RICHLAND, Wash. – The rogue cellular engine that drives a majority of ovarian cancers remains frustratingly difficult to disable. A new study comparing cancerous tissue with normal fallopian tube samples advances important insights about this machinery and confirms biological hallmarks of survival.
High-grade serous carcinoma is the most common type of ovarian cancer, and it has the lowest survival rate. To better understand the disease and its progression, researchers at the U.S. Department of Energy’s Pacific Northwest National Laboratory and their collaborators examined the proteome-thousands of proteins-in tissue samples taken from 83 patients around the world. Their results, published in the journal Cell Reports Medicine in April, could help identify more targeted treatments.
Hunting for ovarian cancer’s ‘off’ switches
Successful treatment of any cancer involves stopping its abnormal cells from replicating and spreading. In the case of ovarian cancer-the fifth leading cause of cancer deaths in women-scientists are hunting for the right “off” switches to target.
“Cells are very complex pieces of machinery. There are many ways you can break the machinery and then end up with cancer,” said Karin Rodland, a PNNL scientist and the study’s corresponding author. “If you don’t know what’s broken, you can’t fix it.”
A relatively new profiling technique called proteogenomics provides clues. Developed over the last two decades, proteogenomics looks not only at the genetics of cells but how they communicate and function via thousands of proteins. While earlier research methods focused on how genetic mutations are expressed via ribonucleic acid, or RNA, proteomic analysis reveals even more detail about what happens among cancerous cells.
Now, scientists are working to understand this universe of proteins as part of the National Cancer Institute’s Clinical Proteomic Tumor Analysis Consortium. As part of that effort, a landmark proteogenomic analysis of archived tumor samples in 2016 pinpointed specific cellular processes associated with ovarian high-grade serous carcinoma.
The new study confirms those findings and offers an even sharper picture by comparing cancerous tissue to normal fallopian tube samples, supporting the notion that ovarian cancer begins not on the surface of the ovary, as previously thought, but at the end of the fallopian tube.
The study also offered more robust data because the tissue samples were collected using strict surgical protocols that eliminated the body’s stress response to surgery as a potential complicating factor.
“To our knowledge, this is the first really deep protein-level comparison of fallopian tube tissue and ovarian cancer tissue,” Rodland said. “Being able to replicate the 2016 finding in a second cohort of women who were racially and ethnically diverse proves the strength of the initial observation.”
Added Tao Liu, a PNNL scientist and the study’s co-corresponding author: “This carefully procured cohort of tissue specimens, and the comprehensive, simultaneous analysis of both proteins and phosphorylated proteins, allows us to accurately recapitulate the cellular activities such as stress response and replication in the cancer and relevant normal tissues.”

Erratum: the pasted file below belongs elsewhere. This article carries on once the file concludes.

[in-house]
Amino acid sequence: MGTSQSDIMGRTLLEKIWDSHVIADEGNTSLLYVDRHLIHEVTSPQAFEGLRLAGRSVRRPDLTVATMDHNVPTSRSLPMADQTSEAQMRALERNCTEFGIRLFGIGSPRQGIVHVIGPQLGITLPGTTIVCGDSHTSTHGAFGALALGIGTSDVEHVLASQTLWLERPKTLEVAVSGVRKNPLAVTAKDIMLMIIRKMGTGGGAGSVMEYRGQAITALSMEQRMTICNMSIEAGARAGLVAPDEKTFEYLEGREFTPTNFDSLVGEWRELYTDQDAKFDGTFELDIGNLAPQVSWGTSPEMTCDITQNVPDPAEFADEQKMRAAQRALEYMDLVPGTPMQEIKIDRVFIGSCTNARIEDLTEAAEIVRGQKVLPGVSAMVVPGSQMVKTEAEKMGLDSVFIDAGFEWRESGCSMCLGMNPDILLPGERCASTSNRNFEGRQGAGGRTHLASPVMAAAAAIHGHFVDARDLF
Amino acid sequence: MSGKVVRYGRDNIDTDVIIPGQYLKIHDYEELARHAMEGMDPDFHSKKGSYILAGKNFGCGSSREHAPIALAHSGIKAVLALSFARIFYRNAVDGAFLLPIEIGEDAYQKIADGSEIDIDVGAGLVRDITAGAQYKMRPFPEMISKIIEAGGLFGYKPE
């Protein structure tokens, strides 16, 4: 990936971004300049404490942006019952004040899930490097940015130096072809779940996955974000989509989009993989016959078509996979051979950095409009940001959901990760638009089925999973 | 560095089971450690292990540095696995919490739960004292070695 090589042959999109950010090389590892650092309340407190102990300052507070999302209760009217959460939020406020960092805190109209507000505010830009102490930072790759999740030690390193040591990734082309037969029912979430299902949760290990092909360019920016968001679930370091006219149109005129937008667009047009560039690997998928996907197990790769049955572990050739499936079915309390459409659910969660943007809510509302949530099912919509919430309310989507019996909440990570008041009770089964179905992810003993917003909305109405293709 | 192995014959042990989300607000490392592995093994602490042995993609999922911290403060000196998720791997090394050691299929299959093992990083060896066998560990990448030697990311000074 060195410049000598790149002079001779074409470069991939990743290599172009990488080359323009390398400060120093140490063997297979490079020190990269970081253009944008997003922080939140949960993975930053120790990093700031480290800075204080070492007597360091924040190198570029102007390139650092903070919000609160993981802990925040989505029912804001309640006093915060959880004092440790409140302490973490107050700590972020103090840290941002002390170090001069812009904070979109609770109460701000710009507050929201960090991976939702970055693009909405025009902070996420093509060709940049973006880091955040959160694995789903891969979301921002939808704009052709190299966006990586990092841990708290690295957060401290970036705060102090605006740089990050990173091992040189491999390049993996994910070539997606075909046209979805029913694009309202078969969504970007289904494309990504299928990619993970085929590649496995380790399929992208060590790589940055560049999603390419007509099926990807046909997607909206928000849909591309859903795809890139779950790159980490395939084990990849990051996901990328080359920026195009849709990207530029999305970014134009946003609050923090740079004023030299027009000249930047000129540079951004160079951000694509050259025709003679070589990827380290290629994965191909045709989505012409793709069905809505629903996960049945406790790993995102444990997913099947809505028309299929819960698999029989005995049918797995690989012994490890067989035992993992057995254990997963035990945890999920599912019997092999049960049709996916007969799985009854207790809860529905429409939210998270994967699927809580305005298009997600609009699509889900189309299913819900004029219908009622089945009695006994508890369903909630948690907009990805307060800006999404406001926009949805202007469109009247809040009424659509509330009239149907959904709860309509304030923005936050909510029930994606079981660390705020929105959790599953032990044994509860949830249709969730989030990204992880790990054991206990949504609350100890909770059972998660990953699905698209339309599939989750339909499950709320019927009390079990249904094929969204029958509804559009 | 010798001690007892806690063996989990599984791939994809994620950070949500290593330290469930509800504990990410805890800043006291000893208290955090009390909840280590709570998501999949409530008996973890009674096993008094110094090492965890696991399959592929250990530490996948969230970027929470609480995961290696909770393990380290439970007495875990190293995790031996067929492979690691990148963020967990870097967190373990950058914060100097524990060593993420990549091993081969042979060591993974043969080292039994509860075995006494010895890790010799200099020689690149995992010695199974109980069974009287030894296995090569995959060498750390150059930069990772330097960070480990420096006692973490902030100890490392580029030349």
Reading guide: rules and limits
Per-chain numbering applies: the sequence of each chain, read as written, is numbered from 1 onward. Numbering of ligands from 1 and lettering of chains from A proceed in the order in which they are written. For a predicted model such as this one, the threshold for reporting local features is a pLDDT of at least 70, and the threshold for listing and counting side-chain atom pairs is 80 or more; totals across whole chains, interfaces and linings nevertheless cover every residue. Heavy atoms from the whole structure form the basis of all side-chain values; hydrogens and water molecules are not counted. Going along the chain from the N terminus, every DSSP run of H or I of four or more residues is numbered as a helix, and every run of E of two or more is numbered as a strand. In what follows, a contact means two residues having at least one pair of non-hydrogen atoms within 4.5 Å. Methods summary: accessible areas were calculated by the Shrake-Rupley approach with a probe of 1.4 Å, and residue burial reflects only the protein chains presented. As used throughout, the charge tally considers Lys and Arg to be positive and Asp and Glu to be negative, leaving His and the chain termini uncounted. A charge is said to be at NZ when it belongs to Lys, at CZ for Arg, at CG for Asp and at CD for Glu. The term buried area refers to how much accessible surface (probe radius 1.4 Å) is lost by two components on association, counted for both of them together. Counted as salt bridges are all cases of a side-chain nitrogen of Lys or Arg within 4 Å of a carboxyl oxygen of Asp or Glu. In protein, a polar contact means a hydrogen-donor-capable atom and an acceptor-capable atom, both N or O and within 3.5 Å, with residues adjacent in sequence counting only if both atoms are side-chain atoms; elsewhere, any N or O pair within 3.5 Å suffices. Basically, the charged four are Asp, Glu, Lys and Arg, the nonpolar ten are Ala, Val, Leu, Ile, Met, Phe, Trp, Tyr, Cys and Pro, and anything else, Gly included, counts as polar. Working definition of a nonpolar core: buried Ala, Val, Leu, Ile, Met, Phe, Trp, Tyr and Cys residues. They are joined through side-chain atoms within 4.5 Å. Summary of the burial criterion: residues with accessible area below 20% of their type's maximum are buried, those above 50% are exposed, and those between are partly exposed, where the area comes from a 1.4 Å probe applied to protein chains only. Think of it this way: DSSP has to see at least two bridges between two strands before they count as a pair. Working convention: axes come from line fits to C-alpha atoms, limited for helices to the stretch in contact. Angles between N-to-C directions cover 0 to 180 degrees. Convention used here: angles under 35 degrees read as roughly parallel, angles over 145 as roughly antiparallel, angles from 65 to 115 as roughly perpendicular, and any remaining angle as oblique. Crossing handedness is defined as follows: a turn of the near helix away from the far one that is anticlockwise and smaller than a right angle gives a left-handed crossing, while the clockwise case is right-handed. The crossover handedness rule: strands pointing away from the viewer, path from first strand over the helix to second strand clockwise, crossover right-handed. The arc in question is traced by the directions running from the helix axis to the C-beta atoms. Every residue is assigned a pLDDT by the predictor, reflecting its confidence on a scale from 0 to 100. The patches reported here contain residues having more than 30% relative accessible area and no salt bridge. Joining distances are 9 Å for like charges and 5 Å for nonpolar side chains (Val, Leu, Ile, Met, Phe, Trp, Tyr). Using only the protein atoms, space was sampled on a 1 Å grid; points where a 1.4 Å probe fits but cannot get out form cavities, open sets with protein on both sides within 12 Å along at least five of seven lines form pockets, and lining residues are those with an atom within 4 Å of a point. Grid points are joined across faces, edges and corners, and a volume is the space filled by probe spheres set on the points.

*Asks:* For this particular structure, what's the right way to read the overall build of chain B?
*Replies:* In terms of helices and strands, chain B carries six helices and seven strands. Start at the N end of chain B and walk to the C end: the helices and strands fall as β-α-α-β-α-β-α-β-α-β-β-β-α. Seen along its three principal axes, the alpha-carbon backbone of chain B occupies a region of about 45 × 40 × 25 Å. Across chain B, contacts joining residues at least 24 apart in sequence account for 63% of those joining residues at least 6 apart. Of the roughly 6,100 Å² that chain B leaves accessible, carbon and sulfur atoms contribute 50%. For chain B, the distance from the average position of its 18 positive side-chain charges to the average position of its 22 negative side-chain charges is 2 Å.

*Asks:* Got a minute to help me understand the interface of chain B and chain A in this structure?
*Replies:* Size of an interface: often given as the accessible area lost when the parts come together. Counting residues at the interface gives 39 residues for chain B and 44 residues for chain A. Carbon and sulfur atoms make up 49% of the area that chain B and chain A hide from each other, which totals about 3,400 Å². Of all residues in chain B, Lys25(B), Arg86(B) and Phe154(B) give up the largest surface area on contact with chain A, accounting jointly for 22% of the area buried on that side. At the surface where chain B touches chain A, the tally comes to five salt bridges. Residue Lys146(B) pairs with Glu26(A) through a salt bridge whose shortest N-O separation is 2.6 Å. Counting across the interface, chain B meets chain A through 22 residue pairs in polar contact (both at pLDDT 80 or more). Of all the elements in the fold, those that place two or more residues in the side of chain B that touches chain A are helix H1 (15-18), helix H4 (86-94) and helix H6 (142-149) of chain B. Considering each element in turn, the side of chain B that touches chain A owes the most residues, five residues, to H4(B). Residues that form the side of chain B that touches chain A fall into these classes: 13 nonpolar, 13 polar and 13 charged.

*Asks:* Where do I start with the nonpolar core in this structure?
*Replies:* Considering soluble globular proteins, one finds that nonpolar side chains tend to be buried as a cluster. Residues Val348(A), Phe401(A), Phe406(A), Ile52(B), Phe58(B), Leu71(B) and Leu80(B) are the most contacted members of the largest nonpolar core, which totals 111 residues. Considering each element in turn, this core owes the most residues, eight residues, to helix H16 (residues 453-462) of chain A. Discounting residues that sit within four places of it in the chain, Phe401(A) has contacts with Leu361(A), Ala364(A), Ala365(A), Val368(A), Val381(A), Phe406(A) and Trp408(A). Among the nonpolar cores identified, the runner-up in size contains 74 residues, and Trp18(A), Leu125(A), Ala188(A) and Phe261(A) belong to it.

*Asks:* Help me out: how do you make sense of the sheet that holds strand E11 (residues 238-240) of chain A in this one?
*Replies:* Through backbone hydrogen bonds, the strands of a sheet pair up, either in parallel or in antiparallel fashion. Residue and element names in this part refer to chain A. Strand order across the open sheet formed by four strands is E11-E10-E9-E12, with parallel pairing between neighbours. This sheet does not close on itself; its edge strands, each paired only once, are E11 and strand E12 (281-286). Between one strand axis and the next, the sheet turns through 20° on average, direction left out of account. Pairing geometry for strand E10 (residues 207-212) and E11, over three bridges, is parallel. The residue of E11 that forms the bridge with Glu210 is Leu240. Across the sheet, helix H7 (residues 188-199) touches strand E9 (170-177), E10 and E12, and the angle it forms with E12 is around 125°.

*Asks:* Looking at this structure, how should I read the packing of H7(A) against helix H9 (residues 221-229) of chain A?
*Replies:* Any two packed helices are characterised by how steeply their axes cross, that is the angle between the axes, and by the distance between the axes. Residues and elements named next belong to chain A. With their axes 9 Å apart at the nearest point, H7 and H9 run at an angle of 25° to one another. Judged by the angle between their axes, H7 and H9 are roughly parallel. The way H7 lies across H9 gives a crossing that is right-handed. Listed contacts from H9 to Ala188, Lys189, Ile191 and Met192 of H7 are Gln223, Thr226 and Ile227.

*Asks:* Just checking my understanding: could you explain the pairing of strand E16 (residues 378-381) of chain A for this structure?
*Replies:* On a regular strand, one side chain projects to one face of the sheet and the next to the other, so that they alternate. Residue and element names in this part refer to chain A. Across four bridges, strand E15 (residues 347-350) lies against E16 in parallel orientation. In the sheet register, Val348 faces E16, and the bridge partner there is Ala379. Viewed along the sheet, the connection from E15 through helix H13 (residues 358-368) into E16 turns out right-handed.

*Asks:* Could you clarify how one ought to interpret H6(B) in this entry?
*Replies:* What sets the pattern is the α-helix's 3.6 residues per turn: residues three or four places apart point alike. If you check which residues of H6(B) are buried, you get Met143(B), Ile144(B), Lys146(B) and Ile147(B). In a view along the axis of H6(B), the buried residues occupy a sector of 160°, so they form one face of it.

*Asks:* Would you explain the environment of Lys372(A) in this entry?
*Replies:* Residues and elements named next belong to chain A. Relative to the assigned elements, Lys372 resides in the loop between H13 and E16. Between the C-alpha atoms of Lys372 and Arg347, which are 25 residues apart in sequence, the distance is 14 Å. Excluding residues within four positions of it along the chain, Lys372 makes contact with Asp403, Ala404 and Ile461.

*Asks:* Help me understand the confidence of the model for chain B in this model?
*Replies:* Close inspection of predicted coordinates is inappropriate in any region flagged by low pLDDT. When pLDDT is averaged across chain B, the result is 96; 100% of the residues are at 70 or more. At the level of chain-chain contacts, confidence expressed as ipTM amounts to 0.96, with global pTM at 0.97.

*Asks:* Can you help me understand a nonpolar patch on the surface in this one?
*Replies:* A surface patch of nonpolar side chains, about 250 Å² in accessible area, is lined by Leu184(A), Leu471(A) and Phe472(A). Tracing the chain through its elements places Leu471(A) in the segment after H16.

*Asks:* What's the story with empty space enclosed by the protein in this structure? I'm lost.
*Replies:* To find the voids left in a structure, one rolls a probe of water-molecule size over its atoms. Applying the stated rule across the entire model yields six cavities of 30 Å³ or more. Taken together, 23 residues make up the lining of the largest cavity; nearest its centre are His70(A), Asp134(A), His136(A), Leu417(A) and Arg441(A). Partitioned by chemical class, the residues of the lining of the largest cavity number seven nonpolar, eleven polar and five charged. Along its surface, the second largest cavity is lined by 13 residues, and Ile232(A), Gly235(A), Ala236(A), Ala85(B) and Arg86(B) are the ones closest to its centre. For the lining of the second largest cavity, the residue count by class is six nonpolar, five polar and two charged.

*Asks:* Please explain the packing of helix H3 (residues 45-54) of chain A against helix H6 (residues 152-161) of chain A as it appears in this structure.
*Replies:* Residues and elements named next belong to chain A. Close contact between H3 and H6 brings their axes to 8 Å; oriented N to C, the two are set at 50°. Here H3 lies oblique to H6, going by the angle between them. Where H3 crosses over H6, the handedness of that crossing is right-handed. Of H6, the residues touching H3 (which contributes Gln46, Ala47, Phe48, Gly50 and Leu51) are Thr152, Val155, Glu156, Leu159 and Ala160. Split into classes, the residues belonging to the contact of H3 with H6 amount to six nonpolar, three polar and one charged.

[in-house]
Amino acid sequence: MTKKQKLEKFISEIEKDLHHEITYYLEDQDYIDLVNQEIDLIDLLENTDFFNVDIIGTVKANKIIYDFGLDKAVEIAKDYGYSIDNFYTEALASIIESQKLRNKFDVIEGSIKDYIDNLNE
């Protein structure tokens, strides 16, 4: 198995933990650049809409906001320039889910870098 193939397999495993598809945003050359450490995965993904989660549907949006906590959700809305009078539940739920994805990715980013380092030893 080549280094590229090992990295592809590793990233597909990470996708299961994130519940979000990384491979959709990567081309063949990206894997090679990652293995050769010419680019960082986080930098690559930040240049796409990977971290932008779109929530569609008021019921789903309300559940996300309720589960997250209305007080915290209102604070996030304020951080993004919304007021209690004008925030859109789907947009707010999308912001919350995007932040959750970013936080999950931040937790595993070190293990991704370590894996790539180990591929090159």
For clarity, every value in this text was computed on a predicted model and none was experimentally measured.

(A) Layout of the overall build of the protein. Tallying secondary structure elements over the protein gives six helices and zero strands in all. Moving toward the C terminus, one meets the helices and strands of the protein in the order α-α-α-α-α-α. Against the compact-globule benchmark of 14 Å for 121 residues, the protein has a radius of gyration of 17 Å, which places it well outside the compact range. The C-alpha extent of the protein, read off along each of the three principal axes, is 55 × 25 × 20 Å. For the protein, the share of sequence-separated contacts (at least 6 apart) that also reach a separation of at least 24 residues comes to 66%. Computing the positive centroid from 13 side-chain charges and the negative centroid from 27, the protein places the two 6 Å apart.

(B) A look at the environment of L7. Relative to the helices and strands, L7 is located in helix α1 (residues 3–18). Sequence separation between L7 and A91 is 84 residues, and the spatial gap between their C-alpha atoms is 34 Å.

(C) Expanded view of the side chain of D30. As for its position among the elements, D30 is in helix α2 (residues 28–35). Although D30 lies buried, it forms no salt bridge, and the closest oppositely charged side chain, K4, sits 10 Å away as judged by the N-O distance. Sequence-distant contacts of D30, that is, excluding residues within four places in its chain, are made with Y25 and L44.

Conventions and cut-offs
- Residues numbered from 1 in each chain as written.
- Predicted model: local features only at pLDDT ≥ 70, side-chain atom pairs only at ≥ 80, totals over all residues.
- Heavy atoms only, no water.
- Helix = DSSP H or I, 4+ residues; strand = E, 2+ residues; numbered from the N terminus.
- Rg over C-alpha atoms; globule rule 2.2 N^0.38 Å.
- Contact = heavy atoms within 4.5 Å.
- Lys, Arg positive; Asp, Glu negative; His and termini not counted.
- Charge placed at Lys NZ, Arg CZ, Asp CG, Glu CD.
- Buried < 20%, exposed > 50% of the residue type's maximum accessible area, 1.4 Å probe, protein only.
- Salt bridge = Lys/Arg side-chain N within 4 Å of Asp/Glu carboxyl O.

The broken machinery behind ovarian cancer
The researchers linked two processes specifically to high-grade serous carcinoma, which is sometimes called “the disease of broken chromosomes.” The first involves the stress response that results from the runaway production of tumor cells. This effect, known as proliferation-induced replication stress, creates instability in the tumor’s genome.
The second process is homologous repair deficiency, an inability to repair damaged cells. The two processes combined are what create ovarian cancer’s stubborn, uncontrolled growth patterns.
“It’s not just that the tumor cells are stuck in the ‘on’ position for growth,” Rodland said. “In ovarian cancer, there is also a background of deficient DNA repair. So whenever the cell replicates, you introduce mutations and broken chromosomes.”
The study, which was supported by CPTAC and the National Institutes of Health, also confirmed previous findings that linked an abundance of certain proteins with higher survival rates.
Identifying proteins associated both with the processes that drive ovarian cancer and with increased survival chances opens up possible treatment strategies that target specific proliferation pathways, including the use of medicines currently on the market.
“Doctors could use this data to stratify treatment options,” Rodland said. “We also can study the women who have shorter survival times and then perhaps come up with an alternative therapy that would work better for these women than the standard therapy.”
In addition to Rodland and Liu, PNNL authors include Jason McDermott, Osama Arshad, Vladislav Petyuk, Marina Gritsenko, Therese Clauss, Ronald Moore, Athena Schepmoes, Rui Zhao, Matthew Monroe, Chia-Feng Tsai, Ehwang Song, and Richard Smith.
Co-authors included researchers from Johns Hopkins University, Oregon Health & Science University, Brigham Young University, Baylor College of Medicine, Washington University in St. Louis, University of Connecticut, Frederick National Laboratory for Cancer Research, and the National Cancer Institute.
The team effort capitalized on mass spectrometry capabilities at EMSL, the Environmental Molecular Sciences Laboratory, a DOE Office of Science user facility located at PNNL.
Article contributed by freelancer writer Christina Nunez.